Sampling of aspects of crop agriculture is difficult and care must to be used to draw conclusions from results of tests of samples. Biology of the plant and varying environments affect the predictability of the sample’s test result. Nearly everyone participating in agriculture realizes this problem within a short time of exposure, although it is not always expressed.
Seed producers are aware that each seed within the production field did not have exactly the same environment and that each seed can be potentially with a different parent and environmental interaction during and after the growing season. Seed producers attempt to use field and facility methods to limit potential problems that could eventually affect performance of the hybrid in grower’s fields. After using these efforts, the next challenge is to predict the success of these efforts to have good purity and germination.
Sampling of seed usually begins after ears are dried and shells. Methods are used to take general bulk sample by some randomizing technique. This bulk is the sized that includes those that represent different portions of the ear, the rounds tending to be at both ends and the flats in the center. This essentially is allowing checking seed with differing pollination dates that could affect purity. Shapes of the kernels also potentially affect germination viability.
Seed sizes are submitted to purity and germination test often before final bagging procedures have begun. Number of seed included in sub-sample to be tested varies by testing method. Effectiveness of the test in predicting the eventual seed effect on field performance is dependent upon the sampling accuracy, sample size and testing accuracy in evaluation.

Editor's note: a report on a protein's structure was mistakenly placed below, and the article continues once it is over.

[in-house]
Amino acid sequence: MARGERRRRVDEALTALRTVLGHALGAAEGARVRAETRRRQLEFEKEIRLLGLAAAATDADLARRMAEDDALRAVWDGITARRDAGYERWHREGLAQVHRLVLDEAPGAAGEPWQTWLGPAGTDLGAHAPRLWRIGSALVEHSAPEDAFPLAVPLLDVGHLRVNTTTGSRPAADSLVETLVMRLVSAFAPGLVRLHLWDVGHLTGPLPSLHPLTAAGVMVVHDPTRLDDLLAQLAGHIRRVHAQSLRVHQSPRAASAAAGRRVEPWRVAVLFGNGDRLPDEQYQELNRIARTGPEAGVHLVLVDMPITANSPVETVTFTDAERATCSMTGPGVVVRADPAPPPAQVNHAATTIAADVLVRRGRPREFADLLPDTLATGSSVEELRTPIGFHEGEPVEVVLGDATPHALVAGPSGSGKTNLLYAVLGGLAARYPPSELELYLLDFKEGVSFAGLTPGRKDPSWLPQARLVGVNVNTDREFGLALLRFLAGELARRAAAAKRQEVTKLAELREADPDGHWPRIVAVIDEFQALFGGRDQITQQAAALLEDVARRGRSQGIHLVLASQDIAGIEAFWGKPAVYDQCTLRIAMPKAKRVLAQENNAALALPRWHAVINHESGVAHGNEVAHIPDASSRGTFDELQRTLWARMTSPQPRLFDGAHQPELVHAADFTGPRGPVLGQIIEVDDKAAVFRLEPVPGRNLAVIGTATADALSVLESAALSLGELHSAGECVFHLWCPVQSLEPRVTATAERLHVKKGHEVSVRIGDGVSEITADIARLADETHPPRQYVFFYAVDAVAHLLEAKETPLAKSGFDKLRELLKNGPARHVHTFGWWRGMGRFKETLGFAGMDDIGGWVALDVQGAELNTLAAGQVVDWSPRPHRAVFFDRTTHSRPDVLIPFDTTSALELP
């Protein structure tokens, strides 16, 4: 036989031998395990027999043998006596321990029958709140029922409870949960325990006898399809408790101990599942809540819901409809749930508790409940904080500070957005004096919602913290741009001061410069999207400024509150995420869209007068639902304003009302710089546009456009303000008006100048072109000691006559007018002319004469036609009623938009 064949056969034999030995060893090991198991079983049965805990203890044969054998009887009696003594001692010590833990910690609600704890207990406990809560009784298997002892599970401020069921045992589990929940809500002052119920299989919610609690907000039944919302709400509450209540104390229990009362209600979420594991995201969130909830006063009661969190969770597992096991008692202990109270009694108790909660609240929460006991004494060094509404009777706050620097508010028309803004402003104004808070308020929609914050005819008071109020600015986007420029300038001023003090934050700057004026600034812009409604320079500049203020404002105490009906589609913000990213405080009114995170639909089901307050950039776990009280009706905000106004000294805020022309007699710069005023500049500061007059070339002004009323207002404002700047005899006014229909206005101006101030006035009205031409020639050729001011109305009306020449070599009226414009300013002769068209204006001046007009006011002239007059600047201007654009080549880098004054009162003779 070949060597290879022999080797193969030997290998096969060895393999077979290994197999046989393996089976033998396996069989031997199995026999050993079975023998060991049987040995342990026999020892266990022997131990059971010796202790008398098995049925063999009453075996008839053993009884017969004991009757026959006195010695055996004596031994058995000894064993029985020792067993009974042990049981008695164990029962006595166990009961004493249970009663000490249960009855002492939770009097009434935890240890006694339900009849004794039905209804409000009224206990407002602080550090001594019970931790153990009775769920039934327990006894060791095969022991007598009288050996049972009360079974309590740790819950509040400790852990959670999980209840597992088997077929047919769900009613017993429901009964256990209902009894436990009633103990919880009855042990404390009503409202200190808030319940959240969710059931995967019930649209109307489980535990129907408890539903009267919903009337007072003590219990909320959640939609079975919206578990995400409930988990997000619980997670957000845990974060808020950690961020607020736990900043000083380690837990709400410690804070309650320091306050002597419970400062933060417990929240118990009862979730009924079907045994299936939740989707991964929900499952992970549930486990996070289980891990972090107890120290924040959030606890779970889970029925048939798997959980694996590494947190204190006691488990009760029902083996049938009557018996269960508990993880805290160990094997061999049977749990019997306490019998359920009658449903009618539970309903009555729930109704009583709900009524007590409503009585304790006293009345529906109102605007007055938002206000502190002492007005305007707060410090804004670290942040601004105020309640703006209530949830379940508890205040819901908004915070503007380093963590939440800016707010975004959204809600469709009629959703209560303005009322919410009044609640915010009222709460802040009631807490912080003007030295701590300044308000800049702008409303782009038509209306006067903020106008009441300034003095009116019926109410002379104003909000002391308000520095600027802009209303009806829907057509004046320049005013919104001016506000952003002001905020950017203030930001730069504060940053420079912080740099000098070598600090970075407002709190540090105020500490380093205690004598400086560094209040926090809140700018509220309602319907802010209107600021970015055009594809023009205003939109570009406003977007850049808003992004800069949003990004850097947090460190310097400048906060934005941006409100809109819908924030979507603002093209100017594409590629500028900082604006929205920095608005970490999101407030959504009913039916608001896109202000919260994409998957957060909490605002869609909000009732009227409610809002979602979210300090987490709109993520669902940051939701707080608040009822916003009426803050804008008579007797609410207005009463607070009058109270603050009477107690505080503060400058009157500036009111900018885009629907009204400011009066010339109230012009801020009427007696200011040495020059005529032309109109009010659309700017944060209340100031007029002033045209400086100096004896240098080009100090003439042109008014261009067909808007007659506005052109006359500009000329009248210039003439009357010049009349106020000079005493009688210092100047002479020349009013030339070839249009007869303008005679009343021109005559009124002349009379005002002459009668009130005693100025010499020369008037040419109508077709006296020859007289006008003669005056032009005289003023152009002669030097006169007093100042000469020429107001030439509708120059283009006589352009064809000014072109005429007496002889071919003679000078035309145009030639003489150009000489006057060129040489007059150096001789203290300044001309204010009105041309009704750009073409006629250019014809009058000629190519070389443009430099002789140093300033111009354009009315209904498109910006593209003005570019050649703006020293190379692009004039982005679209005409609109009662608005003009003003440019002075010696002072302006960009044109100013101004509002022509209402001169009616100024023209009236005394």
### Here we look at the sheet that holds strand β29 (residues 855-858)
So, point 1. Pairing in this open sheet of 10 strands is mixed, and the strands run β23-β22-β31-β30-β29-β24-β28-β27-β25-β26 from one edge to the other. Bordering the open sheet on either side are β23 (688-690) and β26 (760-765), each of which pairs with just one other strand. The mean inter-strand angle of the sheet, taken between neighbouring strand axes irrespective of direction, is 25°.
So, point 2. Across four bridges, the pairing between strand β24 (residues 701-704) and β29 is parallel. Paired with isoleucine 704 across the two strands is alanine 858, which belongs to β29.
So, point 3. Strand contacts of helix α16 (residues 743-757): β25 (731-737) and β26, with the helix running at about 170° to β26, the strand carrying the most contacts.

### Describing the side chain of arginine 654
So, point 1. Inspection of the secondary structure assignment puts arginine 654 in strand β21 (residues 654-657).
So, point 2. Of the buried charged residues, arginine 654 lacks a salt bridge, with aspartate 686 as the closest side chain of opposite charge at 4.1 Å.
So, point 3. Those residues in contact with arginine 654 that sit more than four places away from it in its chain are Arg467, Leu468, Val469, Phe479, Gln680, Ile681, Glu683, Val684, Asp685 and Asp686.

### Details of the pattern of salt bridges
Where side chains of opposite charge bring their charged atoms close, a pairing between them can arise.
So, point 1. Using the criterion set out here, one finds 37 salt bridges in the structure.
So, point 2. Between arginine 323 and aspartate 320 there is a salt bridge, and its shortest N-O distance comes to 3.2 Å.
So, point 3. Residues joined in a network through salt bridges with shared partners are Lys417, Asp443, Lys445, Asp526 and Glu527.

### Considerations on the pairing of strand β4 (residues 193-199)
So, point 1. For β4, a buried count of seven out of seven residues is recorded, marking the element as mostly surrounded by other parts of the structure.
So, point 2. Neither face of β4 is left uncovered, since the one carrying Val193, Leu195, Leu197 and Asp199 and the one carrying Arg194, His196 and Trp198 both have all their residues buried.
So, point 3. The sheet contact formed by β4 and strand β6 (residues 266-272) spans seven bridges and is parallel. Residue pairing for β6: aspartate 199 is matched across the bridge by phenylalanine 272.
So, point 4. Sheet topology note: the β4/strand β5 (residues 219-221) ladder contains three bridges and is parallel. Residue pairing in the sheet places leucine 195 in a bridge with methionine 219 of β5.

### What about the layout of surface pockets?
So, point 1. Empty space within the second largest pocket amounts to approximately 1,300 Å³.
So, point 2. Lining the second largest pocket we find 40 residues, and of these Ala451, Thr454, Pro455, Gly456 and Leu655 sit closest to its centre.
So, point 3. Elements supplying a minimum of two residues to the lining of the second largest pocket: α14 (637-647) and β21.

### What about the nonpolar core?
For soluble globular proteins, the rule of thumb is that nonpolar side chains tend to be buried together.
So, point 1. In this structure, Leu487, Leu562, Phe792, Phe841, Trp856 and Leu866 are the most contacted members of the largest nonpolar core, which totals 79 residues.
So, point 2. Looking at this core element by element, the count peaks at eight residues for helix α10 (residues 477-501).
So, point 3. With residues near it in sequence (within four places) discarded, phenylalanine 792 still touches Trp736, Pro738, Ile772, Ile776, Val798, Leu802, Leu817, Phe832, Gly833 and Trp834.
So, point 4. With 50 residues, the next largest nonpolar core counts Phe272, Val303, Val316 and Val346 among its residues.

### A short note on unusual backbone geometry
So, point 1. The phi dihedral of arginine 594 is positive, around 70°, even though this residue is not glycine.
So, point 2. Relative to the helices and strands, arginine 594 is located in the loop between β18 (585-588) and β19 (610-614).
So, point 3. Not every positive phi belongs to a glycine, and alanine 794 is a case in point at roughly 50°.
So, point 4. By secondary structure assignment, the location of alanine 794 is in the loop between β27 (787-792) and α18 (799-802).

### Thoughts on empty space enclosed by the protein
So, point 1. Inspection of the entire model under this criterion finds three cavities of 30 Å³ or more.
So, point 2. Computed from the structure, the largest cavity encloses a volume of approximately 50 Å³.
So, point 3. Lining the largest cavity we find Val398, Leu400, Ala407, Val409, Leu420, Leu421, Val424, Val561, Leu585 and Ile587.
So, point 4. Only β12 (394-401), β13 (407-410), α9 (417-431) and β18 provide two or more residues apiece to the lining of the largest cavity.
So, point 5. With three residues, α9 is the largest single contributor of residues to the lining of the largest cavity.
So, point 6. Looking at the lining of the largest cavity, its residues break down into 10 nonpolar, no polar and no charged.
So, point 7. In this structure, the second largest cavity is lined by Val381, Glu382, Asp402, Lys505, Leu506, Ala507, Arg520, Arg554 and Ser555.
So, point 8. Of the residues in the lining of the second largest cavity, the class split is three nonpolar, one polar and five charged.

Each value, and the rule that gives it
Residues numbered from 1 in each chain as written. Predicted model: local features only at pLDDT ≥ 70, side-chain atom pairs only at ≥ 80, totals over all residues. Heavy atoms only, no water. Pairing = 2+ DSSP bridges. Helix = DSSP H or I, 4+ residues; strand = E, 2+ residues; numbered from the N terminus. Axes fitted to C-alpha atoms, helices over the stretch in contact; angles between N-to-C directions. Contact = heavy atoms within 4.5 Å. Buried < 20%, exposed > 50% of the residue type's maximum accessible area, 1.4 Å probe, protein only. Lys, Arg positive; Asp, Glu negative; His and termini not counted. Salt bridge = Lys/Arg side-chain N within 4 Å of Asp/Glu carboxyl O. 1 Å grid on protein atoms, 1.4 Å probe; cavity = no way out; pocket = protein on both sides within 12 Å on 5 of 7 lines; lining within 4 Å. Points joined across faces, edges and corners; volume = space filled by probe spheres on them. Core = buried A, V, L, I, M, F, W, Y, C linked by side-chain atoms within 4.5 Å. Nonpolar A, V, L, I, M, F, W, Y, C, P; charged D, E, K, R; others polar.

Even if the initial sampling of the seed lot is done with care, there remains a randomness factor with test sample size. The percentage of seed germinating in a lot, or percent of outcross plants actually in the lot determined by the test is affected by the test size. As summarized in https://www.statisticshowto.datasciencecentral.com/probability-and-statistics/find-sample-size,
a germination or purity test of 100 seeds showing 100% has a 95% probability of actually being between 96-100% where as if the test size was 400 seeds showing 100% purity or germination, the actual has 95% probability of being 99-100%. If test result showed 96%. on a 100 seed test, the actual has a 95% probability of actually being between 90-99% where as a 400 seed test is probably between 94 and 98%.
Sampling of seed lots and testing methods including number of seed tested affect the accuracy of predicting the actual germination and purity of a seed lot.
About Corn Journal
The purpose of this blog is to share perspectives of the biology of corn, its seed and diseases in a mix of technical and not so technical terms with all who are interested in this major crop. With more technical references to any of the topics easily available on the web with a search of key words, the blog will rarely cite references but will attempt to be accurate. Comments are welcome but will be screened before publishing. Comments and questions directed to the author by emails are encouraged.